Carnival Cruise Line “may have no choice” but to move its ships out of U.S. homeports to resume operations if the Centers for Disease Control and Prevention don’t lift the no-sail order put in place last year in response to the COVID-19 outbreak, company officials said.
The South Florida-based cruise line on Tuesday extended its pause of all operations out of U.S. ports through June 30.
“We know that this is very disappointing to our guests who continue to be eager to sail, and we remain committed to working with the Administration and the CDC to find a workable solution that best serves the interest of public health,” Carnival President Christine Duffy said in a statement.
The CDC has blocked cruise ships from U.S. ports with a no-sail order since March 2020, after outbreaks on several ships around the world.
On Friday, the CDC updated its guidance to say that fully vaccinated people can travel within the U.S. without getting tested for the coronavirus or going into quarantine afterward. It also issued more technical details around its conditional plan to allow cruise ships in U.S. ports, but it did not say when cruise lines could resume sailing.
Duffy said the company is working on a “return to service solution” that may mean moving ships out of the U.S.
“We are asking that the cruise industry be treated on par with the approach being taken with other travel and tourism sectors, as well as U.S. society at large,” Duffy said. “While we have not made plans to move Carnival Cruise Line ships outside of our U.S. homeports, we may have no choice but to do so in order to resume our operations which have been on ‘pause’ for over a year.”
Carnival said booked guests and travel advisors are being notified directly of the cancellations and the options for a future cruise credit plus onboard credit package, or a full refund.
To provide flexibility for guests booked on July itineraries that remain in the schedule, Carnival is extending final payment deadlines for all July sailings to May 31, 2021, with the ability to cancel without penalty.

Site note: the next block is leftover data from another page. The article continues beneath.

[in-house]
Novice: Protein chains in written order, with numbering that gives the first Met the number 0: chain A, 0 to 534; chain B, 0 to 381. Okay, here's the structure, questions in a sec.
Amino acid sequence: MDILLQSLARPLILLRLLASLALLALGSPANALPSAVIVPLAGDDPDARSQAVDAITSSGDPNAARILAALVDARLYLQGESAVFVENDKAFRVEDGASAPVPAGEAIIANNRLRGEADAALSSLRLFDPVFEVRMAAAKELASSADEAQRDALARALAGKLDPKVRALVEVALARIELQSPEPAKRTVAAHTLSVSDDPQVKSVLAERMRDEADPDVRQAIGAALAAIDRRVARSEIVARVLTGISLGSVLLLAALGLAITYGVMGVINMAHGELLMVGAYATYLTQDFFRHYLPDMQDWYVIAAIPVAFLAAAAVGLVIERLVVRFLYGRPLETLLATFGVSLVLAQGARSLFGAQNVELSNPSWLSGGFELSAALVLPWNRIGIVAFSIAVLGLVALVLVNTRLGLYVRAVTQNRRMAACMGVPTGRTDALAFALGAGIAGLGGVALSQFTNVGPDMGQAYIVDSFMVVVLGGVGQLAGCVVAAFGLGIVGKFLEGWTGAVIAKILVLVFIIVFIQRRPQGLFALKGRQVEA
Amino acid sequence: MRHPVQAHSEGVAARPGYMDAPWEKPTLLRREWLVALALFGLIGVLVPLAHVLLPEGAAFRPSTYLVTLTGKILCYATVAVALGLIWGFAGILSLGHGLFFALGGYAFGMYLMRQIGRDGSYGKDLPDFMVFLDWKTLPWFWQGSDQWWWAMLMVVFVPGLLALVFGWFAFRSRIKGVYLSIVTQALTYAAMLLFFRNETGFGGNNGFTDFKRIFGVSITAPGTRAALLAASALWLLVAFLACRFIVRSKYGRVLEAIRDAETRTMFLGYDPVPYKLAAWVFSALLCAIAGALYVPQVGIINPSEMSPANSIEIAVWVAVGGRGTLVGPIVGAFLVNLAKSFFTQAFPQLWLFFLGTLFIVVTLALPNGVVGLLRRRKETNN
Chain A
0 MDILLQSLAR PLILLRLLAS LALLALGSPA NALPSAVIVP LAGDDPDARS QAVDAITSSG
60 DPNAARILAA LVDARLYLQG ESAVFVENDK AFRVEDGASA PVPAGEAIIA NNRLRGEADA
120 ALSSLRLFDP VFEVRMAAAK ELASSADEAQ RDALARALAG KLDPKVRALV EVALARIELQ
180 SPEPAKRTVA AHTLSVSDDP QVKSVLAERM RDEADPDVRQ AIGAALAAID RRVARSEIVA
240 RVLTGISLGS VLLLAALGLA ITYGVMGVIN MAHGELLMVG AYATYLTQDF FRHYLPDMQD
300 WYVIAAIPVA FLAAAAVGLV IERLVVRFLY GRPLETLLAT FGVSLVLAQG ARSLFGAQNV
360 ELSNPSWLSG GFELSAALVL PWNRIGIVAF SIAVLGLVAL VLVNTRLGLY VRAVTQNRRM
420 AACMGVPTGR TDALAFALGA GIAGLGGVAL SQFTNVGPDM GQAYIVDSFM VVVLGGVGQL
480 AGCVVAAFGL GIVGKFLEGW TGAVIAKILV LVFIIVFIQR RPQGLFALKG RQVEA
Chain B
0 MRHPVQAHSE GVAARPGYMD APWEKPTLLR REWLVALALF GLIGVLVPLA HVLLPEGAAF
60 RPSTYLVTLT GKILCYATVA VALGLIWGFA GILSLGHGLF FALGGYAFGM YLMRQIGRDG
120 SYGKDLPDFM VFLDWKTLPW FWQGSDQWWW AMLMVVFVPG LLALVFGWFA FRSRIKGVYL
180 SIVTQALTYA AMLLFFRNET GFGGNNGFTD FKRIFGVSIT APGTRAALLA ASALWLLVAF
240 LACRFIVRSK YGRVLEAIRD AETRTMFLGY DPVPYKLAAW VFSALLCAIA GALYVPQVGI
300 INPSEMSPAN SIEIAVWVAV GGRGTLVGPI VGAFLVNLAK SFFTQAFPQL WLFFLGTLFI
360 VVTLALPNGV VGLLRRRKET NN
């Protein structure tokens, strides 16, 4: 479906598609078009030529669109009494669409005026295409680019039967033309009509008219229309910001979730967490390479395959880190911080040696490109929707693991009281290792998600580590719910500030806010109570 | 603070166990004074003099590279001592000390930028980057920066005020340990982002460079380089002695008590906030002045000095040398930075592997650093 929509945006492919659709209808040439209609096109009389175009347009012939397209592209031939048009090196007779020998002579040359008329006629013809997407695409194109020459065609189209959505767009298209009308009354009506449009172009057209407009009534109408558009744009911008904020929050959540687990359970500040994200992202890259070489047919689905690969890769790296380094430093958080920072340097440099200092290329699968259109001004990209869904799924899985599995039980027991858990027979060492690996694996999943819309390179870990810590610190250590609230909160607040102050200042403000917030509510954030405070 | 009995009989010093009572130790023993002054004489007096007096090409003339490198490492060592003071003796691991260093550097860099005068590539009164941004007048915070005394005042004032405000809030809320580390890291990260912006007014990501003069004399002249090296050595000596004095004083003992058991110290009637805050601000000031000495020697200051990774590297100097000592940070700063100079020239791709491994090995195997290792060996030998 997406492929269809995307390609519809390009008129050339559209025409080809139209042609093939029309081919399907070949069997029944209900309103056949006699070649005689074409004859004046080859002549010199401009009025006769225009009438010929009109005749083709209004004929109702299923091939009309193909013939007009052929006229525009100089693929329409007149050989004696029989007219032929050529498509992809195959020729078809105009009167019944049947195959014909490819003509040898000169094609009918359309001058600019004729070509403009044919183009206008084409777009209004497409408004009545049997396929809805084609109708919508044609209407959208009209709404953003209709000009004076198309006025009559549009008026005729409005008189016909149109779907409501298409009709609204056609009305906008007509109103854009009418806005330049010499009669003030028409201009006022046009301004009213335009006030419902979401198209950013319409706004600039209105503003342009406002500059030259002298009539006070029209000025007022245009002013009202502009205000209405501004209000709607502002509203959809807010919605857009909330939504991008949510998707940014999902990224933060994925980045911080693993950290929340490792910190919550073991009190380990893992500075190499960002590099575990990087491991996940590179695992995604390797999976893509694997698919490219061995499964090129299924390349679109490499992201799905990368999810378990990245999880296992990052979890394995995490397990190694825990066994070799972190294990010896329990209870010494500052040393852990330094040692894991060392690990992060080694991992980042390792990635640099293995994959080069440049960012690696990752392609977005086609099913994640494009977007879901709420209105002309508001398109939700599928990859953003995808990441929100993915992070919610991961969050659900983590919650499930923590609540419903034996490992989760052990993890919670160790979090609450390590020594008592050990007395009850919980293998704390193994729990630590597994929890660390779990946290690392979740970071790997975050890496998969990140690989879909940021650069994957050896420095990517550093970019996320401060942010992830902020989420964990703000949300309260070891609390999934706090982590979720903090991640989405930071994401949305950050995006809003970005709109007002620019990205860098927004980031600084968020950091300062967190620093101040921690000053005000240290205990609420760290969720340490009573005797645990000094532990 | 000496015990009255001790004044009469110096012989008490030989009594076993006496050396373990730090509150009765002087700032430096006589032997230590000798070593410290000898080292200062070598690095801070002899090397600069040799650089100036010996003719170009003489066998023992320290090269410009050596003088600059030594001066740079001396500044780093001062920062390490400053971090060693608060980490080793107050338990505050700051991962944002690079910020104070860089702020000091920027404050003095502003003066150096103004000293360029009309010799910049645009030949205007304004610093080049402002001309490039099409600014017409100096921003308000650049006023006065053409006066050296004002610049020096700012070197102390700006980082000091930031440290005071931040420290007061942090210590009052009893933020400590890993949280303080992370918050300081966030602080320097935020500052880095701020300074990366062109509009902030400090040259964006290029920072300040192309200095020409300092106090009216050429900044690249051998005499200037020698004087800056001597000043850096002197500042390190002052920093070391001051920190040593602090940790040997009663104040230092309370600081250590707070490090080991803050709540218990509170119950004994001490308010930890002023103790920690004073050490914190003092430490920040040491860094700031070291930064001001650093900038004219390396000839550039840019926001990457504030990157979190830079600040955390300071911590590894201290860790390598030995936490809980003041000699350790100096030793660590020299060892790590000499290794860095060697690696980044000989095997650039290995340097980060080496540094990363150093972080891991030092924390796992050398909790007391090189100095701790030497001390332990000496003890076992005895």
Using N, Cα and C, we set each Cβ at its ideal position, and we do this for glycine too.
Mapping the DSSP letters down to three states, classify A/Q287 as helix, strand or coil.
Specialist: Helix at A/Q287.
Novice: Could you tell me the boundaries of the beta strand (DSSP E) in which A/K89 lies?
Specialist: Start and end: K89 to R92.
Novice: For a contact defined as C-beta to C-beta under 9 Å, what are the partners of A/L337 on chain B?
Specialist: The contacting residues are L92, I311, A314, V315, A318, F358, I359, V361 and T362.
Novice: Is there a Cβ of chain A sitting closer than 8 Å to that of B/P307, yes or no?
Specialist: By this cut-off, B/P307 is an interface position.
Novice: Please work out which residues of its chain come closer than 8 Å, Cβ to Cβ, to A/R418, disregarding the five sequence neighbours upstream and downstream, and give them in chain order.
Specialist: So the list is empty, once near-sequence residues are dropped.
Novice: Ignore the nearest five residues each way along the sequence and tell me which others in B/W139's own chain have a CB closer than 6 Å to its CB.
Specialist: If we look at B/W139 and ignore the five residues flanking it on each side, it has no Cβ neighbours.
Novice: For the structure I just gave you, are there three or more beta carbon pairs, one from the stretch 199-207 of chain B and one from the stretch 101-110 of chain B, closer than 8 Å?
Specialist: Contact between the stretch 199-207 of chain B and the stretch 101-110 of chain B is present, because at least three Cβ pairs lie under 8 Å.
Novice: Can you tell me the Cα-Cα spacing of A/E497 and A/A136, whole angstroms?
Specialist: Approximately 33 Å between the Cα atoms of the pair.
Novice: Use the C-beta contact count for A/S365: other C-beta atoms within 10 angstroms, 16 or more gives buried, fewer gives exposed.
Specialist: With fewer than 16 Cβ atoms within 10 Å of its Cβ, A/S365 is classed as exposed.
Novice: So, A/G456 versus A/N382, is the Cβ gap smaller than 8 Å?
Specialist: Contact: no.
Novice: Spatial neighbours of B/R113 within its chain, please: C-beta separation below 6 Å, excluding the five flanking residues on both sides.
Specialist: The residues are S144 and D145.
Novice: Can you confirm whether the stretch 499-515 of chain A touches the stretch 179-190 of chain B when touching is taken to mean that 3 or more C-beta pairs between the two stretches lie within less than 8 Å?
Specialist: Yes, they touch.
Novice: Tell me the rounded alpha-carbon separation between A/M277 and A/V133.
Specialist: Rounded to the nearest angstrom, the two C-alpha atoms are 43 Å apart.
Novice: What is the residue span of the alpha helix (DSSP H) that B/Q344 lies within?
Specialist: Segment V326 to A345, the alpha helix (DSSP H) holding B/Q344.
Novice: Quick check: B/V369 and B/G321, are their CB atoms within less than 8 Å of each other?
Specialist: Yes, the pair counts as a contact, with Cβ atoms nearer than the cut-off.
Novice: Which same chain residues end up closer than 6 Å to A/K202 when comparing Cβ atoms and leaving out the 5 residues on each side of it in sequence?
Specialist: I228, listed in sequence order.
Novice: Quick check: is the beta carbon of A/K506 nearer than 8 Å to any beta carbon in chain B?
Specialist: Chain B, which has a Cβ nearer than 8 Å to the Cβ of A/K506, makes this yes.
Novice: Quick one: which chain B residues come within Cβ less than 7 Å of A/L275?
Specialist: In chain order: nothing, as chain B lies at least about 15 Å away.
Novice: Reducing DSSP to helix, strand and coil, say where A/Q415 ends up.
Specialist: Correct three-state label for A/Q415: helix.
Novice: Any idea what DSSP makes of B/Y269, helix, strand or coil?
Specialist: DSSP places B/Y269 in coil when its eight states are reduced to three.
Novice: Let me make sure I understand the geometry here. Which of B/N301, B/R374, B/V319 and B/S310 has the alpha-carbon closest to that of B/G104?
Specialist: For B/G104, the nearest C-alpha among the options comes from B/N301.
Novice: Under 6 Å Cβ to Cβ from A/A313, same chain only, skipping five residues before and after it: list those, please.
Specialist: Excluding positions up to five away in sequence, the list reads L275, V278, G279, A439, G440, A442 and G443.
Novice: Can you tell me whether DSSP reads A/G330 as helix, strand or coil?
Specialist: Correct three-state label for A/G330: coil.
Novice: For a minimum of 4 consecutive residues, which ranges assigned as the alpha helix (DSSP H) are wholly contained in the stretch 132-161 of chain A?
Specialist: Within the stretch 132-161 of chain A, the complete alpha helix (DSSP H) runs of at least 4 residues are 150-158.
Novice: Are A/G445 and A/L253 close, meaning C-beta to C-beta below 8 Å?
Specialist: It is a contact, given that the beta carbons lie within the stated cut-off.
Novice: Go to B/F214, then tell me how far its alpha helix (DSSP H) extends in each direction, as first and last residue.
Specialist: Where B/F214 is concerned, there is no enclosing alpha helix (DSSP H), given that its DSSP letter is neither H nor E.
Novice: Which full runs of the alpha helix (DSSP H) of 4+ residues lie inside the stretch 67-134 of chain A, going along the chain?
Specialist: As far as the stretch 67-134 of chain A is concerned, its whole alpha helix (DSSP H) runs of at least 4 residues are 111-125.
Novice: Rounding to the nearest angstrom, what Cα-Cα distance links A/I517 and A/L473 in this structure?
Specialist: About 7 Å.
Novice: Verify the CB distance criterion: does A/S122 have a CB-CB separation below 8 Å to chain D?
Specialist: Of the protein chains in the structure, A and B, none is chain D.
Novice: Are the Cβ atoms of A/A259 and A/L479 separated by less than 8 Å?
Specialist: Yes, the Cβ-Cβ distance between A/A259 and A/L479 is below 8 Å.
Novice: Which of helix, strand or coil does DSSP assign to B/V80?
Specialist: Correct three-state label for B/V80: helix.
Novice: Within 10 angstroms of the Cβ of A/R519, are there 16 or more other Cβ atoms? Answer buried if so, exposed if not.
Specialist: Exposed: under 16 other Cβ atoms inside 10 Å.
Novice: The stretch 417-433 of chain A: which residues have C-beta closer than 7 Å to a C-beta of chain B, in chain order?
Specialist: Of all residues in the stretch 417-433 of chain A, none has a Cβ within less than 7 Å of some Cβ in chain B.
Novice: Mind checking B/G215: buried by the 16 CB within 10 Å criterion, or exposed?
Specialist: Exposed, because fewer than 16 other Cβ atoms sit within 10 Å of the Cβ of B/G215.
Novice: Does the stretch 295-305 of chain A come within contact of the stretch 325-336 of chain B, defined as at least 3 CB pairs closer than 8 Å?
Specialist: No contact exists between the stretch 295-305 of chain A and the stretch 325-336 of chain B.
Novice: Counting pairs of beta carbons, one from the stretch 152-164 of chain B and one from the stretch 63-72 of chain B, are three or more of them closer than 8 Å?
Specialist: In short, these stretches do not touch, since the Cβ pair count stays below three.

On Monday, the Norwegian Cruise Line announced they were seeking permission to resume trips from U.S. ports on July 4, requiring passengers and crew members to be vaccinated against COVID-19 at least two weeks before the trip.
The Miami company said its precautions go well beyond steps taken by others in the travel and leisure industry that have already reopened, including airlines, hotel, restaurants and sporting events.
Norwegian Cruise Line Holdings Ltd plans to begin U.S. sailings at 60% of capacity and raise that to 80% in August and 100% in September. Norwegian also operates Oceania Cruises and Regent Seven Seas Cruises.
The CDC said Monday that it “is committed to working with the cruise industry and seaport partners to resume cruising” following a phased approach. “Cruising safely and responsibly during a global pandemic is difficult,” especially with concern over new variants of COVID-19, the agency added.
Florida Gov. Ron DeSantis last month threatened to file a lawsuit if the CDC didn’t allow cruise ships to resume operations soon.
Titi Puente, the longtime owner of Sedici Cafe in downtown Miami, said before the pandemic, more than 70% of his business was from cruise ships.
“You’ve got a spot that unloads crew members — they would stop here, go to Walgreens, Marshalls and Whole Foods,” said Puente, who was forced to close the cafe’s doors for the last year. “They are the economic engine of downtown and they have been for 29 years since I’ve been here.”
“We continue to feel very encouraged. PortMiami is working closely with Mayor Daniella Levine Cava, the CDC, the cruise lines, and other Miami-Dade County partners on the safe restart of cruise operations,” the county said in a statement. “Miami-Dade is the Cruise Capital of the World and we are ready to partner with the CDC to chart a path forward to restart passenger cruising with vaccinated passengers and crew.”